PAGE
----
Leave the Rat Race Behind and Enjoy Life to the Fullest in Southern France
When I moved to France in 2010, I brought the small selection of publications that had taught me everything I knew about the country to that point—four grammar books, a travel guidebook, The French Chef cookbook by Julia Child, and The French Chef DVD collection.
From these books, I’d learned that France was a beautiful country and that I was head over heels in love with the culture (not to mention the food). But knowing a little about the country is one thing. Moving there is another…and I was filled with doubts.
What did I really know about living in France? About the French lifestyle? About the French themselves? Would they like me? Would I fit in?
I was determined to overcome any and all such challenges. I was intent on “mastering” France—conquering the language and marching my way up the social and career ladder.
Only, when I got there, I discovered that none of the targets I’d set were really that important. No one seemed to care that I didn’t speak perfect French—people welcomed me easily into their hearts and homes regardless. And almost everyone I met was more concerned about spending time with their loved ones than working on their careers.
When I moved to France, I let out a long, slow breath that I’d been keeping inside for so many decades. Gone was the frenzy to climb the corporate ladder and do more and more each year.
My life in California had been one big race to see who could make it to the top, to see who could get the better job, bigger salary, and the cars and homes that went with it all. It was the only lifestyle I’d ever known…and it was exhausting.
In France, I started to live. The first Sunday lunch I was invited to lasted for over five hours. We arrived at about 12:30 p.m. and didn’t make our way home until around 6 p.m. There was the welcome aperitif—sparkling wine with hors d’oeuvre, olives, and salmon canapés—followed by a starter, main dish, salad course, cheese plate, and finally, dessert.
The wines changed with each course—white for the shrimp and avocado cocktail, red for the steak topped with a Boursin-cheese cream sauce. At the end of this elegant feast, our hosts brought out board games and we all sat down to give the dice a whirl as the sun started to disappear.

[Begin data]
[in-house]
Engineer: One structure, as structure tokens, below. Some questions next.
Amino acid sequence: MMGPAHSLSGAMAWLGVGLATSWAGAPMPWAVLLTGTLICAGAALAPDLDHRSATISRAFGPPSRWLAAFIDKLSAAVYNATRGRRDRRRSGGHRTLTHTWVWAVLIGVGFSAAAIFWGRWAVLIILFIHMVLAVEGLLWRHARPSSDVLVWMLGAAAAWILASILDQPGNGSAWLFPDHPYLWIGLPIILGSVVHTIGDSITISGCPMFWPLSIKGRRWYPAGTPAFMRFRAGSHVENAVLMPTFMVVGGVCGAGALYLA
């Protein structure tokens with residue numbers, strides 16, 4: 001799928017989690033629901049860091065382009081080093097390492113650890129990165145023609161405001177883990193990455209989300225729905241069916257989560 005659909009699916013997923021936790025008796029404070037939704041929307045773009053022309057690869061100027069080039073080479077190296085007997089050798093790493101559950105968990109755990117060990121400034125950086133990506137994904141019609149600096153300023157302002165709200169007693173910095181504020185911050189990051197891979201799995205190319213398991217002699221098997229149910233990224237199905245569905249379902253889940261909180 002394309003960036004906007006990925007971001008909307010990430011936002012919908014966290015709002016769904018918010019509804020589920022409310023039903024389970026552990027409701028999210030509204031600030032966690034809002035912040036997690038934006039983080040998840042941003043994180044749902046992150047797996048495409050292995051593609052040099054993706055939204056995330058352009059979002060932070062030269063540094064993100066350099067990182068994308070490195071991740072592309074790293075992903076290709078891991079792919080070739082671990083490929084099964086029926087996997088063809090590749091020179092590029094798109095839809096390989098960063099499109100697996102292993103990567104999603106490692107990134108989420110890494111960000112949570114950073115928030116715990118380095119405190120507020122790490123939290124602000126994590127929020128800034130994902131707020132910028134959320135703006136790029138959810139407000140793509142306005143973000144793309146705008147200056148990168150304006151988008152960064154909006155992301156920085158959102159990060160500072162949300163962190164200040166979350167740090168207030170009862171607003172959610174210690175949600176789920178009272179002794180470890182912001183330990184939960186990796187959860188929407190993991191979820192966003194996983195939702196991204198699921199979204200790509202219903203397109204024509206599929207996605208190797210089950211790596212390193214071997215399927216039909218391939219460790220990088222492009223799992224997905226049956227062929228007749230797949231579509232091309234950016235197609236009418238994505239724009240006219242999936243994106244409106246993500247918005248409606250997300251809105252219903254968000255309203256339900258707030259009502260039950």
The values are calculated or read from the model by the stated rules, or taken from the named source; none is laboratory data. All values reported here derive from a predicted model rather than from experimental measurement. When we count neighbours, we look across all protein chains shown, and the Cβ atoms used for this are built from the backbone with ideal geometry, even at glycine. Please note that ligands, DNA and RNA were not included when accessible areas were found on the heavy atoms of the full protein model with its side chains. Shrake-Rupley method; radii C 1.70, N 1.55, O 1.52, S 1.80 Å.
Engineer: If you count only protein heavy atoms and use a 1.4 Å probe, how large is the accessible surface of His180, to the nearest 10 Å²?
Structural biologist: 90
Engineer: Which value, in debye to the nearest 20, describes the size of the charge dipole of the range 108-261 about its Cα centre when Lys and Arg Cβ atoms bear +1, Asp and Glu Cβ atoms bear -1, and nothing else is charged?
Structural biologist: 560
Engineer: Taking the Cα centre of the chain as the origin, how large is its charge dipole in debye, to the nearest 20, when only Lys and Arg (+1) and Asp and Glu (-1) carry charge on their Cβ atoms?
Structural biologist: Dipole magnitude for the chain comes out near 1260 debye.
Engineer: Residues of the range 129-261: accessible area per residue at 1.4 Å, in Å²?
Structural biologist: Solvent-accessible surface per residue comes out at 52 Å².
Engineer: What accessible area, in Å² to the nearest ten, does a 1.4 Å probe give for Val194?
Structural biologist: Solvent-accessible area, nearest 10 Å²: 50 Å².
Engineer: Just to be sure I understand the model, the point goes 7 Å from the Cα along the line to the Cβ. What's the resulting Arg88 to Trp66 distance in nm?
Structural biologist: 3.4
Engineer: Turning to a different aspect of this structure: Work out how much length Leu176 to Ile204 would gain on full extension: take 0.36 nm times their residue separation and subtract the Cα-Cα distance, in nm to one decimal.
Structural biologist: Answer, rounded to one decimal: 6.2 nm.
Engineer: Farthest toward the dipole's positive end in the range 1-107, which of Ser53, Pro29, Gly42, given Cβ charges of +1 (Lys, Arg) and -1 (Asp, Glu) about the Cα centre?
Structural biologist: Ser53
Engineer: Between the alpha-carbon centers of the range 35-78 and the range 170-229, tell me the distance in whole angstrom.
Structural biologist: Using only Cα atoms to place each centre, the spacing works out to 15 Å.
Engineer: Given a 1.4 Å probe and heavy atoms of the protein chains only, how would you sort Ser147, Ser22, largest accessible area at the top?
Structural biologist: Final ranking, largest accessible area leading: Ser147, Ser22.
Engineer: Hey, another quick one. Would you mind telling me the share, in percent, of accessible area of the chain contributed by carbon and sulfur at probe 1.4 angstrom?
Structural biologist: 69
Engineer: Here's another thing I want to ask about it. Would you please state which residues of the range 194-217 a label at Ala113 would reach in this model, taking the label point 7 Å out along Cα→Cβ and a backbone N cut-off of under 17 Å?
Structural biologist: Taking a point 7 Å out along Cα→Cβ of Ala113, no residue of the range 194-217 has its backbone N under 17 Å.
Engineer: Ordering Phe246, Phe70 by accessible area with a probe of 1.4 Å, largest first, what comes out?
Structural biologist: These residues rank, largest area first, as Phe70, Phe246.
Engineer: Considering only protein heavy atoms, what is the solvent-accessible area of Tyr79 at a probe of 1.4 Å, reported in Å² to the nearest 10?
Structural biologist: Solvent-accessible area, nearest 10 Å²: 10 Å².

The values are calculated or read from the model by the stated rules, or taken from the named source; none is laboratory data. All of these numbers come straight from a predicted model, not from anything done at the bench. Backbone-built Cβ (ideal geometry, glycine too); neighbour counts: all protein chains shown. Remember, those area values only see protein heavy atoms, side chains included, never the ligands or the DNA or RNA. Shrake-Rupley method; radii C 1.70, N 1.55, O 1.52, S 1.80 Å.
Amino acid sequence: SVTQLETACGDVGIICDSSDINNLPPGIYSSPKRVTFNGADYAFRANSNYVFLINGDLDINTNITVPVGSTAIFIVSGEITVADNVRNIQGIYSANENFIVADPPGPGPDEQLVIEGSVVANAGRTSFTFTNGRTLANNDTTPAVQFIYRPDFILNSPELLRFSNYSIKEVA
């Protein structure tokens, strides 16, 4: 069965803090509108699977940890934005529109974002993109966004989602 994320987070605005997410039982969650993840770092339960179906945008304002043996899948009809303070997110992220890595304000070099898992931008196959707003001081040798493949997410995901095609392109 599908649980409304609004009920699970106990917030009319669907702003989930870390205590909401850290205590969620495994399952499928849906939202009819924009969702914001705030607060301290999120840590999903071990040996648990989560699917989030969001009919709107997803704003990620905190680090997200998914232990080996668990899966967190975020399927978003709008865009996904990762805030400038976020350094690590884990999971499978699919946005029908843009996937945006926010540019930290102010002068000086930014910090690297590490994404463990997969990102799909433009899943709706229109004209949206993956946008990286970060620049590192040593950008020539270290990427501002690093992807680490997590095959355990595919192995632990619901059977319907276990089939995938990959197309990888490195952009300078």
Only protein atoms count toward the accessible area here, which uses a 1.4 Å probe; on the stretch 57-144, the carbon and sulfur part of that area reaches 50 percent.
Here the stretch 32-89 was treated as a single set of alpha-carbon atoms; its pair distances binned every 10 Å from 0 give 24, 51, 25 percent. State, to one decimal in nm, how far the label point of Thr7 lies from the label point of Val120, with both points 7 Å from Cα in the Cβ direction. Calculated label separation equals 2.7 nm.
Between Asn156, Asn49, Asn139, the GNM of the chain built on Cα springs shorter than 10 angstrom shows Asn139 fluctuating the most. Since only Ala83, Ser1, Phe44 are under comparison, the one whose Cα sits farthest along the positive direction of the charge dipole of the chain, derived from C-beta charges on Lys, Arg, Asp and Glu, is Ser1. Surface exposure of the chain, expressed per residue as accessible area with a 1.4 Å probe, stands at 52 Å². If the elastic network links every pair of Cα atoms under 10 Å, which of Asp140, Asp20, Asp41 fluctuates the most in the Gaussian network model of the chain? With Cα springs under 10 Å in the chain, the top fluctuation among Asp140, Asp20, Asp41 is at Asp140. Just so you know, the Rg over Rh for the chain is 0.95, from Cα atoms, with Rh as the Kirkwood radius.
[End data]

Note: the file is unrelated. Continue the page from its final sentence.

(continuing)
I couldn’t help but anxiously check my watch now and again. Didn’t these people have to work the next day? I had a pile of laundry at home and the bottom of my oven was begging to be cleaned. How long could all this go on for?
Everyone did have to work the next day…and no one cared a wink. Good food, great wine, and even better company–that’s what really mattered. Now, after attending many long French lunches and dinners (and hosting a few of my own), I no longer check my watch or worry about the piles of clothes in the laundry room. I found work of my own, managing an English-language school, but I feel like I’ve never really worked since leaving the U.S.
There are small pleasures in my job, many of them in fact, but I do as the French do—leave my work in the afternoon and live the rest of my life. I finally have the time to cook in the evenings, and my weekdays are spent trying new French recipes using the seasonal fruits and vegetables I pick up at the local farmers’ market.
Weekends are dedicated to gardening and tending to my fruit trees—lemon, apple, apricot, and fig. I also might take a day trip to one of the many beach towns in southern France, or simply order a few glasses of rosé at a seaside café and watch the world go by. Luckily, I’m always in good company as my French friends and neighbors are doing exactly the same thing…living life to the fullest.
Written by Tuula Rampont